To date, much if this is simply conjecture, as the FCA has not yet released commentary on the finer details surrounding the ePayments lockdown. However, if it quacks like a duck…
A Potential Timeline
- OneCoin defrauds investors of $4 billion worldwide
- Mike Scott, Partner at law firm Locke Lord, compensated with $50 million for laundering $400 million for OneCoin founder, Dr. Ruja Ignatova
- 2017, Ignatova, vanishes with vast amounts of wealth
- Multiple convicted with various charges surrounding the OneCoin scam
- Robert Courtneidge, formerly of Locke Lord, is hired by ePayments
- FCA lockdown of ePayments occurs
- Robert Courtneidge resigns from ePayments
Where this entire saga becomes intriguing, is the potential for tracking down the elusive Dr. Ruja Ignatova.
IF there is a link established between OneCoin and ePayments, MAYBE there remain funds associated with Ignatova in those that are now under lockdown. Providing this were to be the case, a new avenue for potentially tracking down the whereabouts of Ignatova becomes a possibility.
While these are massive ifs and maybes, the scope of the situation is large enough to warrant genuine intrigue moving forward.
Scenario 3 – High Risk Relations
The final leading theory behind the ePayments lockdown is one that has proven to be the downfall of many similar platforms in the past – high risk relations.
Companies like ePayments are not able to operate alone. They require relations with banks, insurance providers, and more. Unfortunately, this means that they, and similar companies, are often at the mercy of these service providers. Often times, we will see a service provider deem that clientele are high risk, and cease offering their services.
With regards to ePayments, it is believed that, roughly, at least 20% of all transactions processed through their platforms can be attributed to the following industries.
- Pornographic Content
- Foreign Exchange (FOREX)
Service providers are typically justified in ceasing relations surrounding these industries because, sadly, they are rife with scams and frauds – see the previous theory on OneCoin.
Digital Securities Exchange (DSX)
Connection to the aforementioned high risk industries may be strongest with that of Cryptocurrency. This is through cryptocurrency exchange, DSX; An exchange which shares the same founder as ePayments – Mikhail Rymanov.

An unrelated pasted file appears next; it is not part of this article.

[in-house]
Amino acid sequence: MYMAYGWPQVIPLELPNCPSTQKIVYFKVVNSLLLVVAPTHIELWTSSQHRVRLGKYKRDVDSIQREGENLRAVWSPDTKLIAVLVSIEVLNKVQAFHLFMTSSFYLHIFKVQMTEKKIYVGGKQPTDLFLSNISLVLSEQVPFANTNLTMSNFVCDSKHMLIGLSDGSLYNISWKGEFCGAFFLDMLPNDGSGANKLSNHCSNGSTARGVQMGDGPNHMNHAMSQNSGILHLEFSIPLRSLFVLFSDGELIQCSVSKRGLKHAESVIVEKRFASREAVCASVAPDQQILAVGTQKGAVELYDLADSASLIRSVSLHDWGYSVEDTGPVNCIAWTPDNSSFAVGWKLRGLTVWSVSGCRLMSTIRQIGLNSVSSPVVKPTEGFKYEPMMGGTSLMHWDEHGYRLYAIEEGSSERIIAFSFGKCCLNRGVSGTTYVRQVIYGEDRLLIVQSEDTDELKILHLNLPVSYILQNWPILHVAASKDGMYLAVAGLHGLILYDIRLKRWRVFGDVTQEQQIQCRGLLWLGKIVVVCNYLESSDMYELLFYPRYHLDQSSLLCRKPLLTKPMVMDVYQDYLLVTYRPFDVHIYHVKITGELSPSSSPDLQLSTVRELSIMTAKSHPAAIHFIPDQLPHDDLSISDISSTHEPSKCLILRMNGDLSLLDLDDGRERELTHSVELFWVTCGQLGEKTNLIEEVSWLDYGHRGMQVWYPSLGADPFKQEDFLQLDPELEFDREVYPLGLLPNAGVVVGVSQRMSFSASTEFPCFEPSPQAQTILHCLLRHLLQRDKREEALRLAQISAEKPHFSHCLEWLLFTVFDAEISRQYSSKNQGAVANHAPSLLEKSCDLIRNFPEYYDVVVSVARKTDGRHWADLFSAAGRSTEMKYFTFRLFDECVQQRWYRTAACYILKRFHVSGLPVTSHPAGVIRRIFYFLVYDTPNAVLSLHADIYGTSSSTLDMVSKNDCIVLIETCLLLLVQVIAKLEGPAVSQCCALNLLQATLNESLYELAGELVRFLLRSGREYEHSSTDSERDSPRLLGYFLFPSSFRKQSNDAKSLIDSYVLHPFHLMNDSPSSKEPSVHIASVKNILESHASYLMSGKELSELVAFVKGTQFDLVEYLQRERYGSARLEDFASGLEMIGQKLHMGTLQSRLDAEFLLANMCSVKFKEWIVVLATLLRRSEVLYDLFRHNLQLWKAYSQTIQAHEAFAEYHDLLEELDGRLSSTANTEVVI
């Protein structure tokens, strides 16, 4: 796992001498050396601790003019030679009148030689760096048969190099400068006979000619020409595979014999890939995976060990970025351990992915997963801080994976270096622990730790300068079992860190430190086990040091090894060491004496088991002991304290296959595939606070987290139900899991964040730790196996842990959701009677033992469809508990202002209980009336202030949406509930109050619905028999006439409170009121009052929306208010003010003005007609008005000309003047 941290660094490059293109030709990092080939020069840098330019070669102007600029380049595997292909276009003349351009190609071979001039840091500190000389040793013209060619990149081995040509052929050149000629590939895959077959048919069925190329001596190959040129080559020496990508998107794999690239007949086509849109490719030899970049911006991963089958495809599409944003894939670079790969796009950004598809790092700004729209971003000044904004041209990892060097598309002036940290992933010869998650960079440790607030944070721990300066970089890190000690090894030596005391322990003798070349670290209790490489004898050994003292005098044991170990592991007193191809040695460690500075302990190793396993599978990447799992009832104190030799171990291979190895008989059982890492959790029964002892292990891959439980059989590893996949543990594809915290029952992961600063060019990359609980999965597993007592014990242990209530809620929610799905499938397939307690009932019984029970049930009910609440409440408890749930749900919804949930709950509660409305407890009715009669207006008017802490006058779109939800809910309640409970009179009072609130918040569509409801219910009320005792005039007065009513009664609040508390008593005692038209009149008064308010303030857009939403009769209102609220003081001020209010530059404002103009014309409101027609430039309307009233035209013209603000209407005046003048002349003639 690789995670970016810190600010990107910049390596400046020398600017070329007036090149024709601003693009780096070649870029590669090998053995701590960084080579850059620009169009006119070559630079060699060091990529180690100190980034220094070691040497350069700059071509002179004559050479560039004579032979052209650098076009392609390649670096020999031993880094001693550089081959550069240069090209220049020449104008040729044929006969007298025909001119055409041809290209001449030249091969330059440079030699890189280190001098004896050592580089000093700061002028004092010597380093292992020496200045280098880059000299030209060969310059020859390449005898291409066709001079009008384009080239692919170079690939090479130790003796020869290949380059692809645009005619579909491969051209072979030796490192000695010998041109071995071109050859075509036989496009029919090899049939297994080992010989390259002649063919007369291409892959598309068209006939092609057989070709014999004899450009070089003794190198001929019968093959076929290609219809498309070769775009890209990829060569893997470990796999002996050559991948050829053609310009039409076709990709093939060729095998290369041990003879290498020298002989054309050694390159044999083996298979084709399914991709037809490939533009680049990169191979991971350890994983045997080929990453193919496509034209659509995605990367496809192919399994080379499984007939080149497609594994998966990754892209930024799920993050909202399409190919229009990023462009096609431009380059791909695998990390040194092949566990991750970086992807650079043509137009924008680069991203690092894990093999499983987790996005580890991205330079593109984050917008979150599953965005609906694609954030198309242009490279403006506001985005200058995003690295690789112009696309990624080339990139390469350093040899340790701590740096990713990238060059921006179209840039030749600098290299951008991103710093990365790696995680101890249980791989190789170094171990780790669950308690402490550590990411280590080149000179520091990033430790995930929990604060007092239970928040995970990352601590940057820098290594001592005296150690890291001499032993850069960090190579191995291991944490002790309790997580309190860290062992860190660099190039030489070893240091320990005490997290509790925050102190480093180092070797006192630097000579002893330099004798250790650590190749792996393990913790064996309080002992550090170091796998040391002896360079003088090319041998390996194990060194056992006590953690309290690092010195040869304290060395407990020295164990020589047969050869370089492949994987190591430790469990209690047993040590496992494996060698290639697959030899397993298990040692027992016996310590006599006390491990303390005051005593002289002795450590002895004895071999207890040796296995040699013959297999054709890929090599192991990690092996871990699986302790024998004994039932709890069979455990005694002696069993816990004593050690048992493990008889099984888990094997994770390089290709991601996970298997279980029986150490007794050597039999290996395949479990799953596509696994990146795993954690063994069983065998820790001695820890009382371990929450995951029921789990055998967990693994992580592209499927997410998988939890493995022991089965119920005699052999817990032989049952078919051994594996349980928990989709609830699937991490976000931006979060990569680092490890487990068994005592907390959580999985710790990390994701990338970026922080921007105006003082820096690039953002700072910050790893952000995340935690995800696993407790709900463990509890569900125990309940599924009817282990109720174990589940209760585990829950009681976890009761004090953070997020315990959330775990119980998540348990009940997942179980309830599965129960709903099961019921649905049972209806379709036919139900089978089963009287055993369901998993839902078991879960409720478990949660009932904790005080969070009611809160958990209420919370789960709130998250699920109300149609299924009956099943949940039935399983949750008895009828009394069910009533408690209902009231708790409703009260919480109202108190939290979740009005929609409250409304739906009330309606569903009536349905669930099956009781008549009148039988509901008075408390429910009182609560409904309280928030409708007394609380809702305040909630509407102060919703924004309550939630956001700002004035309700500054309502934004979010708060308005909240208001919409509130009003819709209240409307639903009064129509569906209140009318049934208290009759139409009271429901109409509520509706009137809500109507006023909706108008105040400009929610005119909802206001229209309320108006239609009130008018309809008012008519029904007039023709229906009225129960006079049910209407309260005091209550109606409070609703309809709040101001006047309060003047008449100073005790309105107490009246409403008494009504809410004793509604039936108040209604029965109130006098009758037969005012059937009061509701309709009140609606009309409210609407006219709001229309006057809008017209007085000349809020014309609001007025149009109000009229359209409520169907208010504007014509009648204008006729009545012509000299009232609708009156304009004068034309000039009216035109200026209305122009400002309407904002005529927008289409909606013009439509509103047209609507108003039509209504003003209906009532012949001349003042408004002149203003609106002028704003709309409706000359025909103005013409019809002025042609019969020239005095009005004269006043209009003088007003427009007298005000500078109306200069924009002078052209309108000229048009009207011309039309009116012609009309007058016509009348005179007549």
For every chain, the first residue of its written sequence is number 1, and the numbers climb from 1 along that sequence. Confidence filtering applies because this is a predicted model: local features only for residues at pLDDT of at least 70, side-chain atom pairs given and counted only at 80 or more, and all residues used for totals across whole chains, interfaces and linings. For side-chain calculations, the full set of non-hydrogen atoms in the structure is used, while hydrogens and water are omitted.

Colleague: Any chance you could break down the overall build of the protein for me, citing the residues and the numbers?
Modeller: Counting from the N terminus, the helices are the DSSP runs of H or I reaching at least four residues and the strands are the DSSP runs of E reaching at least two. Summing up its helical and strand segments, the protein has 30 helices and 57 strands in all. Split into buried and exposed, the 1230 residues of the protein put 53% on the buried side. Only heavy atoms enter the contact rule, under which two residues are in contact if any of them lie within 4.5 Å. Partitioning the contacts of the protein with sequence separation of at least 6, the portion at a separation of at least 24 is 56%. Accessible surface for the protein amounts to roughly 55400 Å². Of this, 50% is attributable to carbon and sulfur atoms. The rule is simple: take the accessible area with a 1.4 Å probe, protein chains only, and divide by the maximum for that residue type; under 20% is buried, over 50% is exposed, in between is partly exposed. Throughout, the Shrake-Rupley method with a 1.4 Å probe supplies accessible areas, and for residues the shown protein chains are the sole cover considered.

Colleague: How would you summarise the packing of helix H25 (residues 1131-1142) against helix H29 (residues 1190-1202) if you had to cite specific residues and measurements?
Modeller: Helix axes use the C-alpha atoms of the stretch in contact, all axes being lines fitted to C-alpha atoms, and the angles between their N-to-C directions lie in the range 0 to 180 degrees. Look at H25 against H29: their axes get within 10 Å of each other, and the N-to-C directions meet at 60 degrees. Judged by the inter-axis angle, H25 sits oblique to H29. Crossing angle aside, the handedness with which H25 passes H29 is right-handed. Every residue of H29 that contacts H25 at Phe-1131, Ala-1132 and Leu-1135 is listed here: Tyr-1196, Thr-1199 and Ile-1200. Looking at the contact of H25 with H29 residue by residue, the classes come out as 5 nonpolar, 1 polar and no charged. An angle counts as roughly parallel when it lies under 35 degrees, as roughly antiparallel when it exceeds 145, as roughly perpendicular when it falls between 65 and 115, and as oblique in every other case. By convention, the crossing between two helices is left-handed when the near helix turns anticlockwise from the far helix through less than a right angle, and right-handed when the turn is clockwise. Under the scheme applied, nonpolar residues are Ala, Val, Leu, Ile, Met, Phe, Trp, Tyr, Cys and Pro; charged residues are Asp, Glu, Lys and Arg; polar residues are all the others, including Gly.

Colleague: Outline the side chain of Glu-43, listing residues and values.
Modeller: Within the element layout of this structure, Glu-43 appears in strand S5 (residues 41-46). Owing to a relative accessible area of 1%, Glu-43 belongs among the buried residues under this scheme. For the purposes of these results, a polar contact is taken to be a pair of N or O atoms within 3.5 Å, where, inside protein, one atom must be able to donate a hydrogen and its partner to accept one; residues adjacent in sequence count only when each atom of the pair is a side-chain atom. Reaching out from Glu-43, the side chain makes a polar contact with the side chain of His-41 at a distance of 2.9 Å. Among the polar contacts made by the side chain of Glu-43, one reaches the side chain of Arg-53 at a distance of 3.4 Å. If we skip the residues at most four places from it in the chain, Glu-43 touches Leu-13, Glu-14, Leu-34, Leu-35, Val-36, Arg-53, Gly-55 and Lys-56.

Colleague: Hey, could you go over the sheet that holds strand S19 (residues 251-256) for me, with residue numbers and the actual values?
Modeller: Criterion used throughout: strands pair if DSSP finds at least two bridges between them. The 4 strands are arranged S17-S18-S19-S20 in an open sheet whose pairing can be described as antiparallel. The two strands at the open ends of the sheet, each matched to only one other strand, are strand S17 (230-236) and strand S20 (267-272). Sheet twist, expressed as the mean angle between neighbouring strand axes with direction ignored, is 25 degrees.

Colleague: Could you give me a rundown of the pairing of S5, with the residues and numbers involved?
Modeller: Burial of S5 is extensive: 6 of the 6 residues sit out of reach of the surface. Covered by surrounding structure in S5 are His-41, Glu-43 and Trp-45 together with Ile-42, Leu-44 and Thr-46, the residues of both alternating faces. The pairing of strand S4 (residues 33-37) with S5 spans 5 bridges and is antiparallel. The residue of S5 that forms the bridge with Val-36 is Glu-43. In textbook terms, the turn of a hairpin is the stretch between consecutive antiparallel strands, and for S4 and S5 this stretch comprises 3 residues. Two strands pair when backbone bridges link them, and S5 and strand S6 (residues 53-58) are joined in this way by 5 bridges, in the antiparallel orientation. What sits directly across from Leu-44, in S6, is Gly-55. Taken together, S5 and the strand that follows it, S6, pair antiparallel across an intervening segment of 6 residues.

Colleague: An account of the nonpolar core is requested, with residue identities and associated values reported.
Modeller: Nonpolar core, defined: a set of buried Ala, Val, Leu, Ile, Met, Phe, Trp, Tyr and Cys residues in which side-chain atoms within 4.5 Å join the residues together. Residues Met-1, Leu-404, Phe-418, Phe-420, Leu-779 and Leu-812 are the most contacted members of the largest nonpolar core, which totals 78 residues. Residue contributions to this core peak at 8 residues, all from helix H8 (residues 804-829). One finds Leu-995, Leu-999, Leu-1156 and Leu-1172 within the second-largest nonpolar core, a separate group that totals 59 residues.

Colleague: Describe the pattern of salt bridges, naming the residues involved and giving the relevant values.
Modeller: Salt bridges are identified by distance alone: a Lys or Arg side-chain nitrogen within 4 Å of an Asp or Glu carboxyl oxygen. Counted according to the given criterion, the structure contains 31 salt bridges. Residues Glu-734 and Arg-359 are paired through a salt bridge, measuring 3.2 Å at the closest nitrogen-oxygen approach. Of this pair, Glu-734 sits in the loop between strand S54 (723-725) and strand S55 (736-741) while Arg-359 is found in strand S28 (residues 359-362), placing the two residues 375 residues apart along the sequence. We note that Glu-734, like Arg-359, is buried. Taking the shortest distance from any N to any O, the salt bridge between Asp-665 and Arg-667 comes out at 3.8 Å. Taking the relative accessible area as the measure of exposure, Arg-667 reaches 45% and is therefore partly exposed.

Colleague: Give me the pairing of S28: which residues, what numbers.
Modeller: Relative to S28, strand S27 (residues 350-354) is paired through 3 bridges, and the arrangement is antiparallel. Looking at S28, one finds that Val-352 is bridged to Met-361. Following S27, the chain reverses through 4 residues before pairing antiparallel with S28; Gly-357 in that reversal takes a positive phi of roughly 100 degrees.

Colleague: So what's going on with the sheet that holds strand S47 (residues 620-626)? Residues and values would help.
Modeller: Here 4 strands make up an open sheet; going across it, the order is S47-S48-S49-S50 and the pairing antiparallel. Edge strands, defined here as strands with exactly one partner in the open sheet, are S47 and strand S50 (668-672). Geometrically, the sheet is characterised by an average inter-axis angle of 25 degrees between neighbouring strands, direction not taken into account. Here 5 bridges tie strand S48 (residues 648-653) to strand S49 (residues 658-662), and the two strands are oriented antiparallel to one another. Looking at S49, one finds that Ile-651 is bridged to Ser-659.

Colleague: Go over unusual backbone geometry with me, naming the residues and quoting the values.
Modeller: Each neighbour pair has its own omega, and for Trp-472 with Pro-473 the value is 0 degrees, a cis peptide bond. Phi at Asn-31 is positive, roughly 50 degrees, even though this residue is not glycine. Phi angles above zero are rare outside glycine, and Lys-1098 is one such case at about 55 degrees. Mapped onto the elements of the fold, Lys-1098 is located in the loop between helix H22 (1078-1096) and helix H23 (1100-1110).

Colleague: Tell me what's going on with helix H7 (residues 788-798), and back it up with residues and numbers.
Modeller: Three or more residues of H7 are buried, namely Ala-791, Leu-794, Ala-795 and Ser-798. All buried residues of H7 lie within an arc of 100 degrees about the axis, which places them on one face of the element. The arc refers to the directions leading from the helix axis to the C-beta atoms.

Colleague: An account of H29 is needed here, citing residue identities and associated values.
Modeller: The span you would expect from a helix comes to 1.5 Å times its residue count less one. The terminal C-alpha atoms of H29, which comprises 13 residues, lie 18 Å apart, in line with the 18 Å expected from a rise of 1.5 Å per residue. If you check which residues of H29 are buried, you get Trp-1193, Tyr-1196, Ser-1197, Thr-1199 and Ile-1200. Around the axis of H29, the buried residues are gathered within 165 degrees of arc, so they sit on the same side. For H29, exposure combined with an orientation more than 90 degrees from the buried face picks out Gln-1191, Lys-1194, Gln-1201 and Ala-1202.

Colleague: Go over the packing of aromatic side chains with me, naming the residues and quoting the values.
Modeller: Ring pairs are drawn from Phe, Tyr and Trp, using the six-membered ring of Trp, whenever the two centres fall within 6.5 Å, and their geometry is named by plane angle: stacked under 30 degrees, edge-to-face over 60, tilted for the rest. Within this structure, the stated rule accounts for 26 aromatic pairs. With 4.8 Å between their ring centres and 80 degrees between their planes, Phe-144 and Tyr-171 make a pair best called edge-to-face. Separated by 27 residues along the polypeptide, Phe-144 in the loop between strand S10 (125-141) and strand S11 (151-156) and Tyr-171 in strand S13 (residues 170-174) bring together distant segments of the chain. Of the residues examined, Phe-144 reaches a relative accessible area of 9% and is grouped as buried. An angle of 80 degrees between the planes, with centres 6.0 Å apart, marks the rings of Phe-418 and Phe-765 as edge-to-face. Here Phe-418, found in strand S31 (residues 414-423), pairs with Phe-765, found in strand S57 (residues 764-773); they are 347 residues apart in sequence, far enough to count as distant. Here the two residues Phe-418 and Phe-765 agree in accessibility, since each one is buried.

Ties between platforms go beyond founders, however. For example, the pair utilize each other’s services for the onboarding of clients, as well as facilitating value transfers between accounts.
Thankfully, nations around the world are beginning to step up, ensuring level playing grounds for all businesses. A recent example of this is the Supreme Court of India’s recent decision to overturn their central banks decision to impose a blanket ban on crypto-related businesses.
Due to the growth surrounding acceptance being seen globally, it is unlikely that the ePayments lockdown is due to high-risk relations.
Progress Updates and a Crystal Ball
Regardless of which scenario you believe to be true, the public has not been given much information to work with, at this time. On a promising note, ePayments has, indeed, released multiple updates and ‘FAQ’ dossiers, indicating that they are at least working on the situation. These can be found through the following links.
At the end of the day, no one but the FCA and ePayments knows the full situation. Perhaps the reasoning behind the lockdown is a simple one, and the lack of details is to prevent exploitation of a vulnerability.
The various scenarios discussed today are just a few possibilities, with one possessing no more merit than the last. For the time being, we will just need to continue consulting our crystal balls, as we try to make sense of the situation – and hope that ePayments seeks truth when stating,
“We want to reassure customers that funds are being safeguarded as normal and can be retrieved once the improvement process has been completed.”
ePayments Systems Limited
Operating within the United Kingdom, ePayments Systems Limited has grown into one of the largest digital payment processers in the nation.
CEO, Mikhail Rymanov, has overseen company operations since launch in 2010.
*Mikhail Rymanov was contacted for commentary prior to publishing – no response was received*
OneCoin is often noted as one of the largest scams of all time. This Ponzi scheme saw countless investors defrauded of roughly $4 billion USD.
The project, which saw its founder, Dr. Ruja Ignatova, disappear in 2017, with vast amounts of funds no less, was found to be a highly manipulated ruse. While it promised to be the future of payments through various mining practices and secure blockchains, these were found to be completely fabricated.
Financial Conduct Authority
The FCA is a United Kingdom based regulatory body. They note that their main tasks are threefold.
- Protect Financial Markets
- Protect Consumers
- Promote Competition
These tasks are performed within the confines of the Financial Services and Markets Act 2000. Since their formation in 2013, the FCA has grown to regulate 60,000+ businesses.
*The FCA was contacted for commentary prior to publishing – no response was received*
Updated: July 2020